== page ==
The passage from Isaiah (50: 4-7), clearly reads as though it is from a prophet. He is one who knows what God wants to say to the people, and even though his words may be unwelcomed by those he addresses, he nevertheless puts up with the opposition of the crowd and follows his calling to listen to the voice of God and deliver the message to the people; their reaction may well bring him opposition, verbal or even physical. This passage, like a considerable amount of the Bible (Old Testament) would be quite familiar to the Jews at the time of Christ and in the early church. It is noticeable, for example, that in the Gospel written by Mark (probably the earliest Gospel) there are echoes and sometimes references to and quotations from his Scriptures. This Old Testament reading may well have been in mind as he wrote about the difficulties encountered by Christ in the account of the passion which we hear in the Gospel today.
In the second reading (Philippians 2: 6-11) Paul quotes from an early hymn about Christ. It forcefully and poetically attempts to express the ‘unbelievable condescension’ of God becoming human – one of us. It uses the Greek word for “to empty” (kenoein) which appears only five times in the New Testament and only here of God, of His act in Christ in person emptying Himself – from His divine nature – into our humanity becoming the man Jesus Christ This is a selflessness that we would emulate if we were utterly devoted to becoming saints. The adjective ‘kenotic’ and the noun ‘kenosis’ have now entered the English language and they are used to try and express this ‘emptying’ of Christ without denying His Divinity as well as being used about the implications of this for Christian living and spirituality. The poem we have in Philippians goes on to tell of the elevation that balances this, after Christ has undergone death – the details of which we hear in the passion account in the long Gospel reading that follows.
There is a Lenten reflection about Jesus’ prayer also by me (Jeff Bagnall) for this Sunday’s gospel.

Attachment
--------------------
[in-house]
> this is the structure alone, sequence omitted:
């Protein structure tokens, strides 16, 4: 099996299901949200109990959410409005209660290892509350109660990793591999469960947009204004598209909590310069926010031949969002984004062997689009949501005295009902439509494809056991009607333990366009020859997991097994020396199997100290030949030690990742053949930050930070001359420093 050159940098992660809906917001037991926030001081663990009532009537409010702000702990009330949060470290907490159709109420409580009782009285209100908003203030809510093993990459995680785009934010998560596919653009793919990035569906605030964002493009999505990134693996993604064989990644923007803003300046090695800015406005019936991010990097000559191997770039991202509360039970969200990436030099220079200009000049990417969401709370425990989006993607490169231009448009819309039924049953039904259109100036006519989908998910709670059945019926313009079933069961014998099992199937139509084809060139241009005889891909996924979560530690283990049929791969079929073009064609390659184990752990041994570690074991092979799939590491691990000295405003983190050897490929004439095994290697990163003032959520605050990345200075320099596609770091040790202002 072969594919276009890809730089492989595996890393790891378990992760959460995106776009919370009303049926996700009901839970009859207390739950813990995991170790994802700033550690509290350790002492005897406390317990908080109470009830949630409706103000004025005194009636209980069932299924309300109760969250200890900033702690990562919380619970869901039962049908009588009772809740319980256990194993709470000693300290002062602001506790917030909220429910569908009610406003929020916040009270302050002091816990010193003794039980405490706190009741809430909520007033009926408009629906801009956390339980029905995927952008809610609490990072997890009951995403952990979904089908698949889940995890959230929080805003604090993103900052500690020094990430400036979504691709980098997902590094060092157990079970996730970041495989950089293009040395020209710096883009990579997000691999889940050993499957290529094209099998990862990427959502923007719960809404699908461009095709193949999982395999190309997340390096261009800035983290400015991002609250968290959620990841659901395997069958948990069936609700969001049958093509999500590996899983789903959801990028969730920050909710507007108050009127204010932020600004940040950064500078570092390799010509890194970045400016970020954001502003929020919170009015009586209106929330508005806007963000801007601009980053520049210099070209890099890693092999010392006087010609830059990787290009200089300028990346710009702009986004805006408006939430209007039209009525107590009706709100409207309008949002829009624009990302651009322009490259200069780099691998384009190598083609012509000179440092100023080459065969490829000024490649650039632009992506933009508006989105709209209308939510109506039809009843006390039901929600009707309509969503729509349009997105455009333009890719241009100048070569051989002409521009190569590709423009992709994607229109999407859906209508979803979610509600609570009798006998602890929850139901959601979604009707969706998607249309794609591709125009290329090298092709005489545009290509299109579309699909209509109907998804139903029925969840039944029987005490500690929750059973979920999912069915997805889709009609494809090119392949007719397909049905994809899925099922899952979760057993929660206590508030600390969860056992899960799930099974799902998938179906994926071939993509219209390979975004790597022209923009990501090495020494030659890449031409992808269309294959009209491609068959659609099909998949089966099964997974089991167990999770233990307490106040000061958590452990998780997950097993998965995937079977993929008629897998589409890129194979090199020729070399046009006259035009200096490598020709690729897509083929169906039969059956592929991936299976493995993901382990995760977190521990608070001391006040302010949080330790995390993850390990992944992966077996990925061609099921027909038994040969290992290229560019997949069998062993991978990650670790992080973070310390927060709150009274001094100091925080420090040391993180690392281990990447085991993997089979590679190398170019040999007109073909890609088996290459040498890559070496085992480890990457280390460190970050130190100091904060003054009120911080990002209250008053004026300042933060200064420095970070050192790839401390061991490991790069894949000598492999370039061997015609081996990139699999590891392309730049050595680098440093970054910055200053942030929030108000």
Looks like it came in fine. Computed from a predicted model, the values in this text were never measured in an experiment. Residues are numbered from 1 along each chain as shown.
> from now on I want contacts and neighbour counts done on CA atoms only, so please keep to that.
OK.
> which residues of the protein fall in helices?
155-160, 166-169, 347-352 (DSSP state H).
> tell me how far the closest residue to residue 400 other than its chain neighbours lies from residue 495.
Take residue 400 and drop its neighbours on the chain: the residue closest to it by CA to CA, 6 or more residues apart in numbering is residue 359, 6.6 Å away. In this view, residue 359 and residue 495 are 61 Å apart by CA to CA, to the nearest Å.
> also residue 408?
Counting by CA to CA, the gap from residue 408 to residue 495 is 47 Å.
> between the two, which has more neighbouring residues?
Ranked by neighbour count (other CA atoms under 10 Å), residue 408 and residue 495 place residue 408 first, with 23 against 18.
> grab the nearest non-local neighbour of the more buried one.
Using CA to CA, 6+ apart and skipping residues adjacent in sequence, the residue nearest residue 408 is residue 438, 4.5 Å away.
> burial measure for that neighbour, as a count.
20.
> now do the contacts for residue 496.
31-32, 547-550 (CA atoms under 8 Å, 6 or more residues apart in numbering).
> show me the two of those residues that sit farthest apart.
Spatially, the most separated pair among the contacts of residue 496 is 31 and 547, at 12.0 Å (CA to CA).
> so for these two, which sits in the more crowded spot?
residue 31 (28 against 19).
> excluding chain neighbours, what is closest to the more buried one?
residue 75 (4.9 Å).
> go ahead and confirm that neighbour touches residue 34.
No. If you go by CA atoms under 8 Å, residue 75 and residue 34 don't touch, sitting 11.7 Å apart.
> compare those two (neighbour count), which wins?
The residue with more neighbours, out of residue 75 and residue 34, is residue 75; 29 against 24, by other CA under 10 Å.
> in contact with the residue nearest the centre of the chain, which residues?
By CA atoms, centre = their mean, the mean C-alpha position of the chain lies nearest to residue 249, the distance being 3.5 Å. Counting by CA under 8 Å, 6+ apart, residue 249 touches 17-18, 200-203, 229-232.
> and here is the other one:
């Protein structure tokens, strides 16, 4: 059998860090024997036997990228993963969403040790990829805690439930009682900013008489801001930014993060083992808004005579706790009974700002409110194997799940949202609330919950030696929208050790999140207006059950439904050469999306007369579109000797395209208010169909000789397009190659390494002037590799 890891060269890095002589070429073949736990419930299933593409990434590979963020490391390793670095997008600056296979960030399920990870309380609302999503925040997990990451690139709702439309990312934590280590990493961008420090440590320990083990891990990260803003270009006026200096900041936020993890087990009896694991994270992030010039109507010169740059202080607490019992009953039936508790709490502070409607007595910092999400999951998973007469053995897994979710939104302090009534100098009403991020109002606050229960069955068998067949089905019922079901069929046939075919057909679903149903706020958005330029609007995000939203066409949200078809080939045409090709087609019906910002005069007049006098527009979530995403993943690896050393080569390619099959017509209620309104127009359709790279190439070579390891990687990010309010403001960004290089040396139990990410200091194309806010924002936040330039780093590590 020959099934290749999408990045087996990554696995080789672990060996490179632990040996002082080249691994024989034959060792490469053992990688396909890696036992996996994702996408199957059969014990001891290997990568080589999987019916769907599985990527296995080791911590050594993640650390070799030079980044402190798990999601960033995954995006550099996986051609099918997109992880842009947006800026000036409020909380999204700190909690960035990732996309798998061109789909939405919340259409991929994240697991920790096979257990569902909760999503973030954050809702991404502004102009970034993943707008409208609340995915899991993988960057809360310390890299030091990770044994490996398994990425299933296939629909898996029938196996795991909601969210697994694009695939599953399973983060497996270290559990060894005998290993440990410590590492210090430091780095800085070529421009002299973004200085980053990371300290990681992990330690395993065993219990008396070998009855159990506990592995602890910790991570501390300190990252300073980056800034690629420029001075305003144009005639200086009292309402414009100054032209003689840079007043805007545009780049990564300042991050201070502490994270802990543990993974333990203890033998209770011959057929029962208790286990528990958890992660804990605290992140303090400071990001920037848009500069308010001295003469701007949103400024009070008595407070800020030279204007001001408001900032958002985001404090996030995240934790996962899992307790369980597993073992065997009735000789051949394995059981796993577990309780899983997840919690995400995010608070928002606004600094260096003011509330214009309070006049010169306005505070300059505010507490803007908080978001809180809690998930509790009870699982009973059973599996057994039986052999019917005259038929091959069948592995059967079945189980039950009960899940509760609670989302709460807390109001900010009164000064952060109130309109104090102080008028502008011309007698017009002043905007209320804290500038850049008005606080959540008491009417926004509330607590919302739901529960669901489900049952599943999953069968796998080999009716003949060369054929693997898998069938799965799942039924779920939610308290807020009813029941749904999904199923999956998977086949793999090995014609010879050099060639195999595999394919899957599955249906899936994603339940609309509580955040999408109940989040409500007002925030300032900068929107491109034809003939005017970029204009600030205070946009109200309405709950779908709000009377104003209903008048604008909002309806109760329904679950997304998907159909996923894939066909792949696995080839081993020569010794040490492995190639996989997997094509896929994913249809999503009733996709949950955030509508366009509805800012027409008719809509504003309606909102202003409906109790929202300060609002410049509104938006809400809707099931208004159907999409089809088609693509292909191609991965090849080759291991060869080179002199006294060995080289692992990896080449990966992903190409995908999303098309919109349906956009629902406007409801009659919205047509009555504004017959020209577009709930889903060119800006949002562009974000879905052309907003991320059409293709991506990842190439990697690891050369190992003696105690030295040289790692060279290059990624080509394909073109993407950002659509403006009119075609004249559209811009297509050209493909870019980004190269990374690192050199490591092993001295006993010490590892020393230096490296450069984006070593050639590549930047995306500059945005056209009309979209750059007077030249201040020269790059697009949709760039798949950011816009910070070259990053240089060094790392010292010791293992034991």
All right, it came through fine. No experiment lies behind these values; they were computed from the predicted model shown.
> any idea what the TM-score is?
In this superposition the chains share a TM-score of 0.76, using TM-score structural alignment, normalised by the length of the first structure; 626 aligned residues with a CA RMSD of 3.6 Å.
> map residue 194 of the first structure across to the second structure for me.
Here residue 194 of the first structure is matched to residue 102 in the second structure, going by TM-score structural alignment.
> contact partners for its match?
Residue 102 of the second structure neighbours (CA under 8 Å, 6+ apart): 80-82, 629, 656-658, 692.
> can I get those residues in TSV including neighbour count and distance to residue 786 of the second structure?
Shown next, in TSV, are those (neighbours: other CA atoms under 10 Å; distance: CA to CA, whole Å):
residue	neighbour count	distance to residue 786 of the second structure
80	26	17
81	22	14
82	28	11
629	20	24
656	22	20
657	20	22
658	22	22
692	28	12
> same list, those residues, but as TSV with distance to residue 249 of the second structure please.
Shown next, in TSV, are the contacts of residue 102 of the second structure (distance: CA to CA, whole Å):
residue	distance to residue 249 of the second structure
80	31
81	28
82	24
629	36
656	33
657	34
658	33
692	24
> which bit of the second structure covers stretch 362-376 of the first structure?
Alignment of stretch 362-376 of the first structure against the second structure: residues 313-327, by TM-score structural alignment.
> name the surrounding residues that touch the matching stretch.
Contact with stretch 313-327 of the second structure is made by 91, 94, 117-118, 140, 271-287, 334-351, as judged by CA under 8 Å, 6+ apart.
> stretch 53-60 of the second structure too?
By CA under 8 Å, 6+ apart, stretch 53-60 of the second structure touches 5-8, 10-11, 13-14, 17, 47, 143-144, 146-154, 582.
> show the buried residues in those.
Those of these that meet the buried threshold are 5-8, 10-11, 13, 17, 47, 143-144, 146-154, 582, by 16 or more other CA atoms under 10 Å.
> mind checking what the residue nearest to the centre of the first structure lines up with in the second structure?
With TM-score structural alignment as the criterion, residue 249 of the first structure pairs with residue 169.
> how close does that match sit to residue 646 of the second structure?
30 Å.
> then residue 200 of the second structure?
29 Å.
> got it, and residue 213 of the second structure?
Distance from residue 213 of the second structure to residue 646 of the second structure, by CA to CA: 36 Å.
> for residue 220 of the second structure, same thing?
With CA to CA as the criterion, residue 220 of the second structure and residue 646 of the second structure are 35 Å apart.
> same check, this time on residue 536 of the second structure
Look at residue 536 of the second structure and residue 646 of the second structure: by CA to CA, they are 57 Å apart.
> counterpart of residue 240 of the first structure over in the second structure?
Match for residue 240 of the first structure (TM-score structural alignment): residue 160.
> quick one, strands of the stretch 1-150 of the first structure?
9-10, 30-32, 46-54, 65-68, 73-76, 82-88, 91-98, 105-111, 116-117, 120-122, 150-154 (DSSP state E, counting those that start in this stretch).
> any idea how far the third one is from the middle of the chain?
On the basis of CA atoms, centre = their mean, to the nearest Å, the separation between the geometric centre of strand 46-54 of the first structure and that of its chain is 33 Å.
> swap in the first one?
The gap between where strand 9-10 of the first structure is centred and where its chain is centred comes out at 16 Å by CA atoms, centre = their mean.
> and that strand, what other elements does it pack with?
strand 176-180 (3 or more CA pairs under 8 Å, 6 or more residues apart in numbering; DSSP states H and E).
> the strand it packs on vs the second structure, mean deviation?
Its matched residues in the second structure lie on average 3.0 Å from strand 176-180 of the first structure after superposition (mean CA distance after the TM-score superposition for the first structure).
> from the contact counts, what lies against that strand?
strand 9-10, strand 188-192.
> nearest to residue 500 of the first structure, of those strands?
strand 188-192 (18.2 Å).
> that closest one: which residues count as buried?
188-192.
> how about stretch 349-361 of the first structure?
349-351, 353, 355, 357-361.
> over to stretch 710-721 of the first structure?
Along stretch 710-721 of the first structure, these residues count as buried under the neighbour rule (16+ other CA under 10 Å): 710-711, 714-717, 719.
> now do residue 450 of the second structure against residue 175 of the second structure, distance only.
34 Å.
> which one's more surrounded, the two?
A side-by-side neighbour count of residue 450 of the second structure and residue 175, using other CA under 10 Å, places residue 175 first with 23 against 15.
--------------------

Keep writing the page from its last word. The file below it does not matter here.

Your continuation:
The passion in Mark’s Gospel came to be written somewhat like this. After His earthly life, those who were ‘followers of the Way’ (later called Christians), acknowledged Jesus as Messiah, Son of God and Saviour. This belief arose from knowing His unique personality before and after His crucifixion, and from the impact He made upon their lives. But they had to find ways to put it into narrative for later generations using what they had experienced or heard of, namely all the significant events that led up to His departure from our world to be present in it in a new way. We have no record of precisely how they did this over the period of the first two decades or so. But then Mark incorporated their traditions, some oral and some already put into writing, into his gospel. So this narrative of the Good News culminates with the last three chapters of Mark’s gospel of which we read the first two today (chapters 14 and 15). Mark tries to make sense of the fact that Jesus was found guilty of blasphemy by the religious leaders and was executed as a criminal by the secular power for claiming to be a king; both authorities were worried about the reaction of the crowd and the disturbance of the status quo; and Mark also wants to admit how Jesus’ friends betrayed, denied and abandoned Him – save for a few faithful women; and how some taunted him, but a Roman centurion seemed to recognise him as son of God. We should not read it as an historical account so much as a powerful message to us about the enormous love of God for us and the selfishness, weakness and sinfulness of ourselves – a powerful homily!